As long as teenagers feel powerless and put upon, there will be a market for stories about powerful teenagers, which explains why The Tomorrow People is a concept that will not die. It started as a British series in the 1970s; a 90s version was co-produced with Nickelodeon; and in the 2000s, there were new episodes produced as radio plays to be sold on CD. And now, always on the lookout for material about beautiful young people, the CW has gotten its hands on the premise.
That premise centers on a group of young people who have taken the next step in human evolution and developed powers -- telepathy, teleportation, and telekinesis. (The special effects on the teleportation and telekinesis parts of that are really ugly.) Our hero, Stephen (Robbie Amell), is just discovering his powers, and is recruited by the local Mod Squad-esque group of shiny happy Homo Superiors -- blond hunk John (Luke Mitchell), Asian nerd Russell (Aaron Yoo), and hot babe Cara (Peyton List). Yes, those are reductionist character descriptions, but they give the characters more depth than the show does.
There is, of course, a government agency called Ultra, which is out to find and recruit other kids with powers and use them as weapons to capture and destroy the good kids with powers; this is the kind of show where one can reliably expect bombshell revelations every sweeps period to upend your notion of whether Ultra or the Mod Squad are the good guys. Ultra is headed by Dr. Jedikiah Price (the fine character actor Mark Pellegrino, bringing to the show the only shreds of subtlety it possesses).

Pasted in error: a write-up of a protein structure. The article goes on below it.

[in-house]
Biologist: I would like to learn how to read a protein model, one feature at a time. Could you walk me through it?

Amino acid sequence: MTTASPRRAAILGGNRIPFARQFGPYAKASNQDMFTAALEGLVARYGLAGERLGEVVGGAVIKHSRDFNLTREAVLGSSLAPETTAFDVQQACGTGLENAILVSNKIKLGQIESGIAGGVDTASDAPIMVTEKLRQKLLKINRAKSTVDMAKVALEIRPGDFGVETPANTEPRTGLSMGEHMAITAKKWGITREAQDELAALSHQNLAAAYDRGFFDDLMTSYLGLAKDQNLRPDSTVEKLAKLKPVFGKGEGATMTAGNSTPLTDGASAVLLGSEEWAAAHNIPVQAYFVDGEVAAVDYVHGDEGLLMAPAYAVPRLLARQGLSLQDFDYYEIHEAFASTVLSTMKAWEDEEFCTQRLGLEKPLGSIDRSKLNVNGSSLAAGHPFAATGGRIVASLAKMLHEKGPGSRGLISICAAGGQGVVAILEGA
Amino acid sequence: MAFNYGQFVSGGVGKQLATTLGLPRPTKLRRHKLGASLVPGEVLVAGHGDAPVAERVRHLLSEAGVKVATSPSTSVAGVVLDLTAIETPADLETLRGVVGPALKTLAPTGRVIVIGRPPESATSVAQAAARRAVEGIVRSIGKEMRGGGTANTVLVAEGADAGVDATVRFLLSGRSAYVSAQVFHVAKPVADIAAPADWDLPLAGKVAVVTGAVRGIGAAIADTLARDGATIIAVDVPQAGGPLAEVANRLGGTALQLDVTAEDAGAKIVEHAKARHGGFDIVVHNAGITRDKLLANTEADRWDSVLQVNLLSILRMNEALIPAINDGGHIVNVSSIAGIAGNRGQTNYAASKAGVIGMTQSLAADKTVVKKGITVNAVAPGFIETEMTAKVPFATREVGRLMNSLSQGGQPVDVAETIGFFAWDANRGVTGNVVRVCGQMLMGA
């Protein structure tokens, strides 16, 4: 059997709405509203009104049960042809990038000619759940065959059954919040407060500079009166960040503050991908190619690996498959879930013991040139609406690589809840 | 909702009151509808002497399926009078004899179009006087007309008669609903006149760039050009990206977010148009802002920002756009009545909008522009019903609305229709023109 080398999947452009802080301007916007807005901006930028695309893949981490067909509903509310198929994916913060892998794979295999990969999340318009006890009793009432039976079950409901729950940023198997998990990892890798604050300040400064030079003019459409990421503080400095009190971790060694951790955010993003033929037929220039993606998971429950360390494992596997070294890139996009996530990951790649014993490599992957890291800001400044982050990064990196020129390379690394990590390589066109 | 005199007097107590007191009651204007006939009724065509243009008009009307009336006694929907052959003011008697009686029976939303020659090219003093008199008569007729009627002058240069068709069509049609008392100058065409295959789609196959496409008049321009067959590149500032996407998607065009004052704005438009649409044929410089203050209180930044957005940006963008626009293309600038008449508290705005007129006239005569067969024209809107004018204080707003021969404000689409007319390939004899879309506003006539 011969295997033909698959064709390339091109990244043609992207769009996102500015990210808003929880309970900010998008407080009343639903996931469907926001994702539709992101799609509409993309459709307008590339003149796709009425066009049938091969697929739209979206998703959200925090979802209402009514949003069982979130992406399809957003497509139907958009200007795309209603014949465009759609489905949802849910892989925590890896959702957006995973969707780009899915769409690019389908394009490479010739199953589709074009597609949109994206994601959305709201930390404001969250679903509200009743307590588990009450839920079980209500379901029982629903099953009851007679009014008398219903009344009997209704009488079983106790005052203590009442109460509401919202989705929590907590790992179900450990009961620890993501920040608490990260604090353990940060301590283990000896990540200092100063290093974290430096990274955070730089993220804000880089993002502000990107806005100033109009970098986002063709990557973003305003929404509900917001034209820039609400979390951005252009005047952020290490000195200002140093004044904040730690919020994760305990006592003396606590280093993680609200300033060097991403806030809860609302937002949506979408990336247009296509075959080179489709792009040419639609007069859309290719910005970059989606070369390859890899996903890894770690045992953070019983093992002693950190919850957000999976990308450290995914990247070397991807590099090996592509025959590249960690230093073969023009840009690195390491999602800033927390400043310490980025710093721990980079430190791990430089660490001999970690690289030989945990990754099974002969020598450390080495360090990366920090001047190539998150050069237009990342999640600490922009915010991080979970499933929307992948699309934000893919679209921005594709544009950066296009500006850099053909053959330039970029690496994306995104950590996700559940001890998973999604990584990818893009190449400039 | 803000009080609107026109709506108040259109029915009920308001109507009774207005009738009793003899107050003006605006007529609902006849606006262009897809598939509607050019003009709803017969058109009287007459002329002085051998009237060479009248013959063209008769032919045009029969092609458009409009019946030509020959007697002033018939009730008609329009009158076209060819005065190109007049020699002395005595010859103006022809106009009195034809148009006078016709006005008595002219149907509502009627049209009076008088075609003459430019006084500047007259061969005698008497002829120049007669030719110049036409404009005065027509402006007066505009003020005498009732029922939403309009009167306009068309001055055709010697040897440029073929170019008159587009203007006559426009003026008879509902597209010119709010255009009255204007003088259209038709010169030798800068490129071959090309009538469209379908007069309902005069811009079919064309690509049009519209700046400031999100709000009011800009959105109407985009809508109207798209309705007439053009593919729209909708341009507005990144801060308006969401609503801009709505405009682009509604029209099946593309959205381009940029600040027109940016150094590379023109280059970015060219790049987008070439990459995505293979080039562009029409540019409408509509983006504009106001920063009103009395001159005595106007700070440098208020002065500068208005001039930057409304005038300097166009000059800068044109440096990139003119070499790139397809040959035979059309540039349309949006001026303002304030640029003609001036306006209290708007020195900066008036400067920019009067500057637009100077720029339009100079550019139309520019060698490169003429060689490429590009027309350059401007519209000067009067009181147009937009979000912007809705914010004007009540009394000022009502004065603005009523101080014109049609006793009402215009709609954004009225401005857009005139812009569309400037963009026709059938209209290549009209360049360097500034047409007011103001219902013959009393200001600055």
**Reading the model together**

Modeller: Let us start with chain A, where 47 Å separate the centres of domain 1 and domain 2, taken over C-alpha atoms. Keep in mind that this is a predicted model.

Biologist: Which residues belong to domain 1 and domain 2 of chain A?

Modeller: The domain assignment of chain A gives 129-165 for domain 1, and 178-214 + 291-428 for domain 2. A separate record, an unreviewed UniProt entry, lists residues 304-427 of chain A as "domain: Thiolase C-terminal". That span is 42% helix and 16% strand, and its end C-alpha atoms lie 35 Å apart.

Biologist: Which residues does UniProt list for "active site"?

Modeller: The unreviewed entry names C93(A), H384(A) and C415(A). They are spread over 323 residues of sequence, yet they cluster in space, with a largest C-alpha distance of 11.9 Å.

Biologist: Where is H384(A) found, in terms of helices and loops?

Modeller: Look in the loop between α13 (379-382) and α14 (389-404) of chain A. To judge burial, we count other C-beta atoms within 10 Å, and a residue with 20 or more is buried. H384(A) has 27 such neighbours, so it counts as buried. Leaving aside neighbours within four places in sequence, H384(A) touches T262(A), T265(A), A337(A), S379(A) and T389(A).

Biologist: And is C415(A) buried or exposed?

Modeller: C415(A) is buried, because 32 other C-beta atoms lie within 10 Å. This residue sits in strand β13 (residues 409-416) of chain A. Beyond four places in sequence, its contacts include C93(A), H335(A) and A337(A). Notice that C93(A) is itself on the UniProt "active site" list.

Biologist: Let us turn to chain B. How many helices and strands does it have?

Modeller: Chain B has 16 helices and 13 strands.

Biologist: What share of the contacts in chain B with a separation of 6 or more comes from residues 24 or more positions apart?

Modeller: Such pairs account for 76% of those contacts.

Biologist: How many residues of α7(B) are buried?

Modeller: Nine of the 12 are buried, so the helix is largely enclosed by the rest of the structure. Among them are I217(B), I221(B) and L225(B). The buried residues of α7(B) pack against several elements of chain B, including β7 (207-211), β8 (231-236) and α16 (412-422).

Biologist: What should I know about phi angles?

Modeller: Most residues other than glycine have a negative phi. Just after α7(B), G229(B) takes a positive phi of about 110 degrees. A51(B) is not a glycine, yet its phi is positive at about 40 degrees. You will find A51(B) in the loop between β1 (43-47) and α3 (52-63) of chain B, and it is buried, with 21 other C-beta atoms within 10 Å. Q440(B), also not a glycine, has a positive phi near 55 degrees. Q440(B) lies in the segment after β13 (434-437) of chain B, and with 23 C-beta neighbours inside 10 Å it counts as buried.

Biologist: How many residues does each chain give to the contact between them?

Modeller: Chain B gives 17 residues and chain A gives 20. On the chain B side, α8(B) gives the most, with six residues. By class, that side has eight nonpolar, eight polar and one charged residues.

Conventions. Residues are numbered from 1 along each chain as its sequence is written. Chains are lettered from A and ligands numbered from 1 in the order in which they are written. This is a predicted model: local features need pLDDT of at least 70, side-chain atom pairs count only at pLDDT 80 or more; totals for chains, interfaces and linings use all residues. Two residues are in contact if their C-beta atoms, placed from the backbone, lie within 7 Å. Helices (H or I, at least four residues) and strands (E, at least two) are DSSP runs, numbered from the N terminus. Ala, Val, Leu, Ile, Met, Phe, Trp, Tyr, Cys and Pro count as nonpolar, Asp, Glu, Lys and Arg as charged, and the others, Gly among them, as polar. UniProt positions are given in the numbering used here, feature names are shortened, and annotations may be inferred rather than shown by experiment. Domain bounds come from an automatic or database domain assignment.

Did I mention that Dr. Price just happens to be Stephen's uncle? (Yes, he's Uncle Jed; someone wasn't thinking about the TV-history overtones of that name choice.) Because Stephen's long-vanished father (Uncle Jed's brother) was a Tomorrow Person himself (though Uncle Jed is not), and had greater powers than any of them, and if Stephen has his father's powers, he could be the Moses of the Tomorrow People, leading them to the promised land of safety, and oh god, it's all just so stale and familiar and it makes my head hurt and somebody make it stop, please, please make it stop...
The young people are pretty to look at; Robbie Amell is the cousin of Arrow star Stephen Amell, which makes Wednesday the Amell Family FunTime Revue on the CW. Pellegrino is always entertaining, and if she's ever given anything to do, Sarah Clark might bring something interesting to the role of Stephen's mother.
And I suppose that if you're seventeen and haven't already seen 8,000 different versions of this story, it might even feel fresh enough to keep you entertained. But if you're any older than that, I can't imagine what The Tomorrow People has to offer you.